We dedicated last week to a five-part series on the legal and political landscape around abortion rights on the 45th anniversary of Roe v. Wade, and didn't have a chance to write about several important legal challenges to some of the Trump administration's policies. Perhaps you missed them, too. Here's our roundup of those newly-filed lawsuits.
Survjustice, Inc. v. Betsy DeVos
A coalition of women’s rights organizations sued the United States Department of Education and its Secretary Betsy DeVos over significant changes to the department’s policy guidance to colleges and universities on handling sexual assaults on campus. The department’s new policy, announced last September, rolls back protections for sexual assault survivors that were put in place by the Obama administration. Those protections implemented regulations created by the administrations of presidents Bill Clinton and George W. Bush, and are rooted in the language of Title IX, the federal statute that ensures equal access and protection for women and girls in higher education.
For example, the complaint alleges that DOE’s new policy allows schools to give those accused of sexual violence the right to appeal an unfavorable investigative outcome, but deny survivors of sexual assaults that same right; allows schools not to issue interim measures – like moving out of a residence or changing class schedules – to protect victims of sexual misconduct from further harassment or violence during campus proceedings; and eliminates the requirement that schools conduct prompt investigations following reports of sexual violence, allowing cases to drag on without limit.
The complaint, filed in U.S. district court in San Francisco, alleges that DeVos and Candice Jackson, the Director of DOE’s Office of Civil Rights, have expressed negative and biased opinions about women who say they have been sexually assaulted, and relied on these biased beliefs for the new policy. This is a common — and often successful — tactic used in litigation against the Trump administration, particularly where there was very little done to gather facts and build an administrative record to support the policy change.
Two of the plaintiffs — Survjustice, Inc. and Victims Rights Law Center — are organizations that advocate for and provide services to sexual assault survivors. The other plaintiff — Equal Rights Advocates — pushes for gender equality throughout society.
NAACP v. Department of Homeland Security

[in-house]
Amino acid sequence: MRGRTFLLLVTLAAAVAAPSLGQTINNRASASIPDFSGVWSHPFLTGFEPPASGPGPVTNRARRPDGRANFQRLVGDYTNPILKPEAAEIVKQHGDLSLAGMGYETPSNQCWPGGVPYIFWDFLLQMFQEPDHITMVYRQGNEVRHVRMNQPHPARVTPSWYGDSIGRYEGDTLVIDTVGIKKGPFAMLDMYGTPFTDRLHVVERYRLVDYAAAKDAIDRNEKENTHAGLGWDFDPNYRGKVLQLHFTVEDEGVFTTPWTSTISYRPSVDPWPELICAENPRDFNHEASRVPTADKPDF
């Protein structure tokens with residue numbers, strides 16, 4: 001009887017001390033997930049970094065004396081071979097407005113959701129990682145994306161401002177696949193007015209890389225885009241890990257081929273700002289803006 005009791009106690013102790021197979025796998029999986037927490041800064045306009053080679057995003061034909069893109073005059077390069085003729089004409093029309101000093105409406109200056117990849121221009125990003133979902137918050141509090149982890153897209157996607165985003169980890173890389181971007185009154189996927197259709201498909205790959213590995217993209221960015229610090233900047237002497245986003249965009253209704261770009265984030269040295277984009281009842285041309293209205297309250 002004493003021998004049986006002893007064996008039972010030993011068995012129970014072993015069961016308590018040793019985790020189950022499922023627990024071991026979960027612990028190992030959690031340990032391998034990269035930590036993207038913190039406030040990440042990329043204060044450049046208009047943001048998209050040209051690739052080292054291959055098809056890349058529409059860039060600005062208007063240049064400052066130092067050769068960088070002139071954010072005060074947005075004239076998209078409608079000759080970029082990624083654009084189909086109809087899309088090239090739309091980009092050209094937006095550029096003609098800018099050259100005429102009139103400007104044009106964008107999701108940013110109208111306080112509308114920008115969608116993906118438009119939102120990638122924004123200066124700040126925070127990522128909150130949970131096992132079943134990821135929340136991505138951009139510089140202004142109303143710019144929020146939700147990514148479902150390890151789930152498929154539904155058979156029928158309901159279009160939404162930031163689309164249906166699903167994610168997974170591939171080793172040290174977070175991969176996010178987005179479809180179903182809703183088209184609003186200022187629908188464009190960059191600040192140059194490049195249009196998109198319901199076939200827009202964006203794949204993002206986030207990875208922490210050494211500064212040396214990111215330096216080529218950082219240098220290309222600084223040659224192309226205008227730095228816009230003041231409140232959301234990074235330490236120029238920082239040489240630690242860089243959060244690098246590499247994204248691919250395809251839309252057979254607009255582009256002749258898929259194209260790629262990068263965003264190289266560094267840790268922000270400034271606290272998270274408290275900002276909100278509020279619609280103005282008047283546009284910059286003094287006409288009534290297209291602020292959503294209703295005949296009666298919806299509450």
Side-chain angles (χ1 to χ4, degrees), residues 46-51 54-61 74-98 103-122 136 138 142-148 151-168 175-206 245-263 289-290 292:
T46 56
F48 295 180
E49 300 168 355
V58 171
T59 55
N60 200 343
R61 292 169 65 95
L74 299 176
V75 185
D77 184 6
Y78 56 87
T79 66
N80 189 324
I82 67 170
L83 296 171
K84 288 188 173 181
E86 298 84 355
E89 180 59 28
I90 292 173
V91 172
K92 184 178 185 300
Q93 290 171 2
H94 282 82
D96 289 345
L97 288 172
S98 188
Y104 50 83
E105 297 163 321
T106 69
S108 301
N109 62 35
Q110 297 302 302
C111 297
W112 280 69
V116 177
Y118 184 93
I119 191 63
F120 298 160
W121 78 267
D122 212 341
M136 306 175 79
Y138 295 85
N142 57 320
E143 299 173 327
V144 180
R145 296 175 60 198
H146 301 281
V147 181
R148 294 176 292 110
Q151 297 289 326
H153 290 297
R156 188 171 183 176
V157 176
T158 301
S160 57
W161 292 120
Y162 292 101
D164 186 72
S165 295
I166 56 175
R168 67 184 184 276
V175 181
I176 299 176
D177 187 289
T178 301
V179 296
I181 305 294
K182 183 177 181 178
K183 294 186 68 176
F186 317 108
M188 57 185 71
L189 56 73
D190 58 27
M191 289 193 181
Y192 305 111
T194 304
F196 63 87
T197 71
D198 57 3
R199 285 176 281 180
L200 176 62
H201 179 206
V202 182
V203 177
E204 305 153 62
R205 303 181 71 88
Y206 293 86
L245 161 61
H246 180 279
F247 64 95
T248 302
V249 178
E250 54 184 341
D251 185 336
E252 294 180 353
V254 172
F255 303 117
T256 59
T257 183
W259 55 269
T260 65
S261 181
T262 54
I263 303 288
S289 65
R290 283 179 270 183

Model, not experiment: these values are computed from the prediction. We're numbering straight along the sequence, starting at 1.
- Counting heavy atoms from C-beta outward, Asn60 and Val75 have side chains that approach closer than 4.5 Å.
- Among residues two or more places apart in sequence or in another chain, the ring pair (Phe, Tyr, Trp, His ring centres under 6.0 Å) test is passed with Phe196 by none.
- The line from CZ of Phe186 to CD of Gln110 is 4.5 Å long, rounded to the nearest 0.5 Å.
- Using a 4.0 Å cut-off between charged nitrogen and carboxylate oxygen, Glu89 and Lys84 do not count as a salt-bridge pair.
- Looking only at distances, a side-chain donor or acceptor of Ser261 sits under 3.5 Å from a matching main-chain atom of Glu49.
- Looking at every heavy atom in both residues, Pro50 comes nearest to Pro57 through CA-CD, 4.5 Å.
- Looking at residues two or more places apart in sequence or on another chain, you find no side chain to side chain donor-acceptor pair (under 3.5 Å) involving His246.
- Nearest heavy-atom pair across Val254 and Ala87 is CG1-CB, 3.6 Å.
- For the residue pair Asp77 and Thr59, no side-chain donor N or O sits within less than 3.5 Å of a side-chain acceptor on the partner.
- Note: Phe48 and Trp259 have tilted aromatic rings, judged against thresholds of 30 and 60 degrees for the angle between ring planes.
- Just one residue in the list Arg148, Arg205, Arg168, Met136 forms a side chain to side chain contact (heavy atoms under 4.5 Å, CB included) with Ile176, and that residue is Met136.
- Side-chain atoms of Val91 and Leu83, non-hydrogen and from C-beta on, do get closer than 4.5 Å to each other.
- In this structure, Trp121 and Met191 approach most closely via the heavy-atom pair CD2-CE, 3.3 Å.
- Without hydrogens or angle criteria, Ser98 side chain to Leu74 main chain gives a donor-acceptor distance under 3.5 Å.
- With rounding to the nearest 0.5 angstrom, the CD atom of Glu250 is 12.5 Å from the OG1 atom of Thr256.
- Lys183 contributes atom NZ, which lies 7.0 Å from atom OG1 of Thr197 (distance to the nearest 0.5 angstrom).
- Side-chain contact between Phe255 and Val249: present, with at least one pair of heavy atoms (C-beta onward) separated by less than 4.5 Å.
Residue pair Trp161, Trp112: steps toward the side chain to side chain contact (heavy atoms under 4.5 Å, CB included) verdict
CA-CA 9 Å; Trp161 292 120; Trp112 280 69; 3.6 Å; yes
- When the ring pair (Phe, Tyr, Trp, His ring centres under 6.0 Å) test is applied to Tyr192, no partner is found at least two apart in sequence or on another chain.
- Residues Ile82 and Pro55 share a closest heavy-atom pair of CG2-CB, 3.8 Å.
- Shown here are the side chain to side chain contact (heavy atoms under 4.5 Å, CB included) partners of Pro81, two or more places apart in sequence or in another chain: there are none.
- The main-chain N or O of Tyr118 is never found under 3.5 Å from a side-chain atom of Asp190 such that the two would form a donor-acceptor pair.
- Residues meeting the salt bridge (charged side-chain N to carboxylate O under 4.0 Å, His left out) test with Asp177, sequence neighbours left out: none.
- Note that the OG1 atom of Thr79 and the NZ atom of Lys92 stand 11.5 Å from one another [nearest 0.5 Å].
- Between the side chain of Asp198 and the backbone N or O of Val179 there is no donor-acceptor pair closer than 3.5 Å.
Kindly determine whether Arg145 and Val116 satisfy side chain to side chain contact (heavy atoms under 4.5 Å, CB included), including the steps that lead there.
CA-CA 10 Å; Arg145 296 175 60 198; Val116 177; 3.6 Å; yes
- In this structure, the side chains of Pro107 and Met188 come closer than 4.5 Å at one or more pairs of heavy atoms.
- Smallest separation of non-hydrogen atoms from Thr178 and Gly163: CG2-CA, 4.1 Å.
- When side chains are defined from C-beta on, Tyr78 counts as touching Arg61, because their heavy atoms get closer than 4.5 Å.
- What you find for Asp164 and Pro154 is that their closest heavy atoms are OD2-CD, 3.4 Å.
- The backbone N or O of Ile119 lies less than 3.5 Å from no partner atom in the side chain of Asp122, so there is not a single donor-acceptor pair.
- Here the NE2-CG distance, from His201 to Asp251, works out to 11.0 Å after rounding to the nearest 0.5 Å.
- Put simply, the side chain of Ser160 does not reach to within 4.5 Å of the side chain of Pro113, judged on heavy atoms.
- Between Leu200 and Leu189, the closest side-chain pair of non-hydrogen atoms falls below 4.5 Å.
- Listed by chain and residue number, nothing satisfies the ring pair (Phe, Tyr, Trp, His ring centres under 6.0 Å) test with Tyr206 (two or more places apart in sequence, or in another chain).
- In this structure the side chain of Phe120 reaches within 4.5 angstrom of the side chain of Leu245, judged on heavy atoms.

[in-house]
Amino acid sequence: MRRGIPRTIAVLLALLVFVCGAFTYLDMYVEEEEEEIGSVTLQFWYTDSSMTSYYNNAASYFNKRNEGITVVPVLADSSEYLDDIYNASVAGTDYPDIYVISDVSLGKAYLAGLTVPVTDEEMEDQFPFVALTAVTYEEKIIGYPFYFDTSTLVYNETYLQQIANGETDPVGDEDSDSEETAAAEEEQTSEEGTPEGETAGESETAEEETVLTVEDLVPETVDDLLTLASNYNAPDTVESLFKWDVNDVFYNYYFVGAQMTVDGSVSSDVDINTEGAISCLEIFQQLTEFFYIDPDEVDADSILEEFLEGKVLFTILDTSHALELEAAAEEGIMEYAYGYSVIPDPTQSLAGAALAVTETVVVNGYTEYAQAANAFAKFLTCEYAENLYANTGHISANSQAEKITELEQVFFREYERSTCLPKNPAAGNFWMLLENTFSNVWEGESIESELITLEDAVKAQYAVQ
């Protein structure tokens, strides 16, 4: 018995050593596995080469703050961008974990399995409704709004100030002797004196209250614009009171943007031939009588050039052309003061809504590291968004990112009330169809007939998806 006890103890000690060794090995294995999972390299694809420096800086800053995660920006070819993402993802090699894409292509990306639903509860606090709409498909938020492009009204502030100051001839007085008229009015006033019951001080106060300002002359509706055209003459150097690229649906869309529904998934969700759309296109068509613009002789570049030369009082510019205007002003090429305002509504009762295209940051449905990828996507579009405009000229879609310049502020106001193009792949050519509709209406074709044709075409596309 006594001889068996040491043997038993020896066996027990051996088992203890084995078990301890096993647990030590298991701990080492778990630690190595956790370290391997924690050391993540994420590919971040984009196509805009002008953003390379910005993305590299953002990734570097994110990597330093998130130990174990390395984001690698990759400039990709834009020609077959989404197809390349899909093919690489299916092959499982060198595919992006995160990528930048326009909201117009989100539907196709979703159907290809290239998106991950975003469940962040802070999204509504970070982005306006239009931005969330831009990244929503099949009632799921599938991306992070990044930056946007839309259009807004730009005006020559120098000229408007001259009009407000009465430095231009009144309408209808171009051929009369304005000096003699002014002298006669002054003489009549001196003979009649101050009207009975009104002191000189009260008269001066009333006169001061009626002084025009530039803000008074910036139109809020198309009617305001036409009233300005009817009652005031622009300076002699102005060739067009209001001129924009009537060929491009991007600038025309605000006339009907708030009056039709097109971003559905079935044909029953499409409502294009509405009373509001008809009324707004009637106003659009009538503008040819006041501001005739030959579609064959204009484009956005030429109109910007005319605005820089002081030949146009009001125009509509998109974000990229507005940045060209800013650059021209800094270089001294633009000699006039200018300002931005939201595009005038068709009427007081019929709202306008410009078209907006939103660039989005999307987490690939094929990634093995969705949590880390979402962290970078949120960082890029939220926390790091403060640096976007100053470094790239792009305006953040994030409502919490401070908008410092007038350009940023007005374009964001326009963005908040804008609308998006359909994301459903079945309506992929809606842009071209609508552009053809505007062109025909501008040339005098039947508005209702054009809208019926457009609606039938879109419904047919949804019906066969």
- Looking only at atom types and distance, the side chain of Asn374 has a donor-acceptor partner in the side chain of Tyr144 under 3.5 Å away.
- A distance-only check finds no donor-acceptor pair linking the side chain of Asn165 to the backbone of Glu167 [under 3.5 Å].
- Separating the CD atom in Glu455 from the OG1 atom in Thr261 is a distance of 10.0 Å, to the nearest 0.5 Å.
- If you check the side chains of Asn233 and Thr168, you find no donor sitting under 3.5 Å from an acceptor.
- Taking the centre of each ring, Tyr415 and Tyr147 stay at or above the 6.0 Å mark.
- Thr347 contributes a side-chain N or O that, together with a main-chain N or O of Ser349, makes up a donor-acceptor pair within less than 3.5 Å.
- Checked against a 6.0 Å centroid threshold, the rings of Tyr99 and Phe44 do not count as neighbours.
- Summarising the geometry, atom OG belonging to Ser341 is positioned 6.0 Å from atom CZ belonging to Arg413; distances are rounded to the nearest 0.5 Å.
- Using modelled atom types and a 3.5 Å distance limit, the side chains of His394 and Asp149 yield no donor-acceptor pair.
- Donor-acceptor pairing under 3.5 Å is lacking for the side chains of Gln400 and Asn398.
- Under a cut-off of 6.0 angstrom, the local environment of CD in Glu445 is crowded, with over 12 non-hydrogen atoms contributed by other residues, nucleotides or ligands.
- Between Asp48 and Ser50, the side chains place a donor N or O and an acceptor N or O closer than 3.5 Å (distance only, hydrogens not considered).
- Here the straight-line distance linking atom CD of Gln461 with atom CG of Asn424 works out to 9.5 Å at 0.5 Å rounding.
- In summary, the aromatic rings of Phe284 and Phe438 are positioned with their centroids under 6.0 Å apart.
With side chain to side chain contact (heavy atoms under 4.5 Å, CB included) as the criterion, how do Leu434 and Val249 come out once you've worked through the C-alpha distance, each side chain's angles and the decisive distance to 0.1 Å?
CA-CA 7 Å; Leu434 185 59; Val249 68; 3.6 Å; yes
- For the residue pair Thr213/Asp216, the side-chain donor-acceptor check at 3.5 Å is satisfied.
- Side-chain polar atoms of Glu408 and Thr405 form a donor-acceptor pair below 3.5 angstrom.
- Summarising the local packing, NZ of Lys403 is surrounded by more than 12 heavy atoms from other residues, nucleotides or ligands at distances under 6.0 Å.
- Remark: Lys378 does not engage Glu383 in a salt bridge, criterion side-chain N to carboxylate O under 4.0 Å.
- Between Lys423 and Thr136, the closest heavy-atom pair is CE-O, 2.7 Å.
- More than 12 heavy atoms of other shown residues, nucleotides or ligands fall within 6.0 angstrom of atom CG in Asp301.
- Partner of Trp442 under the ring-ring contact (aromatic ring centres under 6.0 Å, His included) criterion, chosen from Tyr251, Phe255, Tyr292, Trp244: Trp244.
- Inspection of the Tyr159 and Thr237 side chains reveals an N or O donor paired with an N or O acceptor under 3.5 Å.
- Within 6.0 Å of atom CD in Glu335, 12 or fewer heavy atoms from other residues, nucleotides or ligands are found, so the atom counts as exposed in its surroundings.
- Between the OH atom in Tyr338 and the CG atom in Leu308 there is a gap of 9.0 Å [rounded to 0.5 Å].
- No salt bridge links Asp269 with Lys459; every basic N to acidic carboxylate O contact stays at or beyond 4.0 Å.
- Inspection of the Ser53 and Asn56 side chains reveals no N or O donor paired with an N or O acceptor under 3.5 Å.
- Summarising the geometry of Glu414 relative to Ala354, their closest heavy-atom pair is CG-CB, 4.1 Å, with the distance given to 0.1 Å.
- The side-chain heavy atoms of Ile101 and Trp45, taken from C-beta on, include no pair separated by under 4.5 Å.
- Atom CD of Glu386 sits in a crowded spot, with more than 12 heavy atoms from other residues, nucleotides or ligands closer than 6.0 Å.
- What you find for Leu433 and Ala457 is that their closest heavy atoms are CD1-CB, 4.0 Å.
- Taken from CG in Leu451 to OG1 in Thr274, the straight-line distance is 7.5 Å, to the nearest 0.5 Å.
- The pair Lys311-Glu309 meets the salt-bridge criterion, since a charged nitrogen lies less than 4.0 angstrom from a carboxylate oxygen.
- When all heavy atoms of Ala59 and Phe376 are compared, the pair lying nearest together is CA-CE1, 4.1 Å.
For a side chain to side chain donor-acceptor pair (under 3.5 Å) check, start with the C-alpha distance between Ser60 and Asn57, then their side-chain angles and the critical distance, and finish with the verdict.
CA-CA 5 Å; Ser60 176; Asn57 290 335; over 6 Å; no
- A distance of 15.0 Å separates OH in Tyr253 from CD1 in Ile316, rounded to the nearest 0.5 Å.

Represented by its Legal Defense Fund, the NAACP sued the Department of Homeland Security last week over the Trump administration’s decision to rescind Temporary Protected Status from nearly 60,000 Haitians who have been living in the U.S. since a devastating earthquake ravaged Haiti in 2010. The NAACP claims that the decision was motivated by racial animus against black people and Haitians, as evidenced by President Donald Trump’s public statements. In June 2017, Trump is reported to have said that Haitians “all have AIDS.” Earlier this month, in an Oval Office meeting to discuss immigration policy, Trump reportedly referred to Haiti and Africa as “shithole countries.”
DHS offers Temporary Protected Status to people from countries that are unsafe to return to. ABC News reported there are currently about 435,000 people with protected status in the U.S. from 10 countries — South Sudan, Sudan, Somalia, Honduras, Nicaragua, El Salvador, Syria, Haiti, Nepal and Yemen. Protected status for beneficiaries from El Salvador, Nicaragua and Sudan has also been terminated.
The NAACP’s complaint was filed in a U.S. district court in Maryland.
Stewart v. Hagan
The Southern Poverty Law Center filed a class action lawsuit on behalf of 15 Kentucky residents against the Department of Health and Human Services over the agency’s decision that granted Kentucky a waiver to impose work requirements on Medicaid recipients. The day after HHS granted the waiver, Kentucky Gov. Matt Bevin signed an executive order to carry out the Medicaid changes. Ten other states are also eyeing waivers from HHS to pare down their Medicaid programs.
The complaint alleges that HHS’s Medicaid waiver for Kentucky will result in a substantial decrease in coverage for the state’s residents, and therefore violates the Social Security Act that created the Medicaid program.
“The President lacks the authority to rewrite congressional statutes or to direct federal officers or agencies to effectively amend the statutes he is constitutionally required to execute,” the lawsuit says.
The National Health Law Center and Kentucky Equal Justice Center are co-counsel on the case with SPLC. The complaint was filed in U.S. district court in Washington, D.C.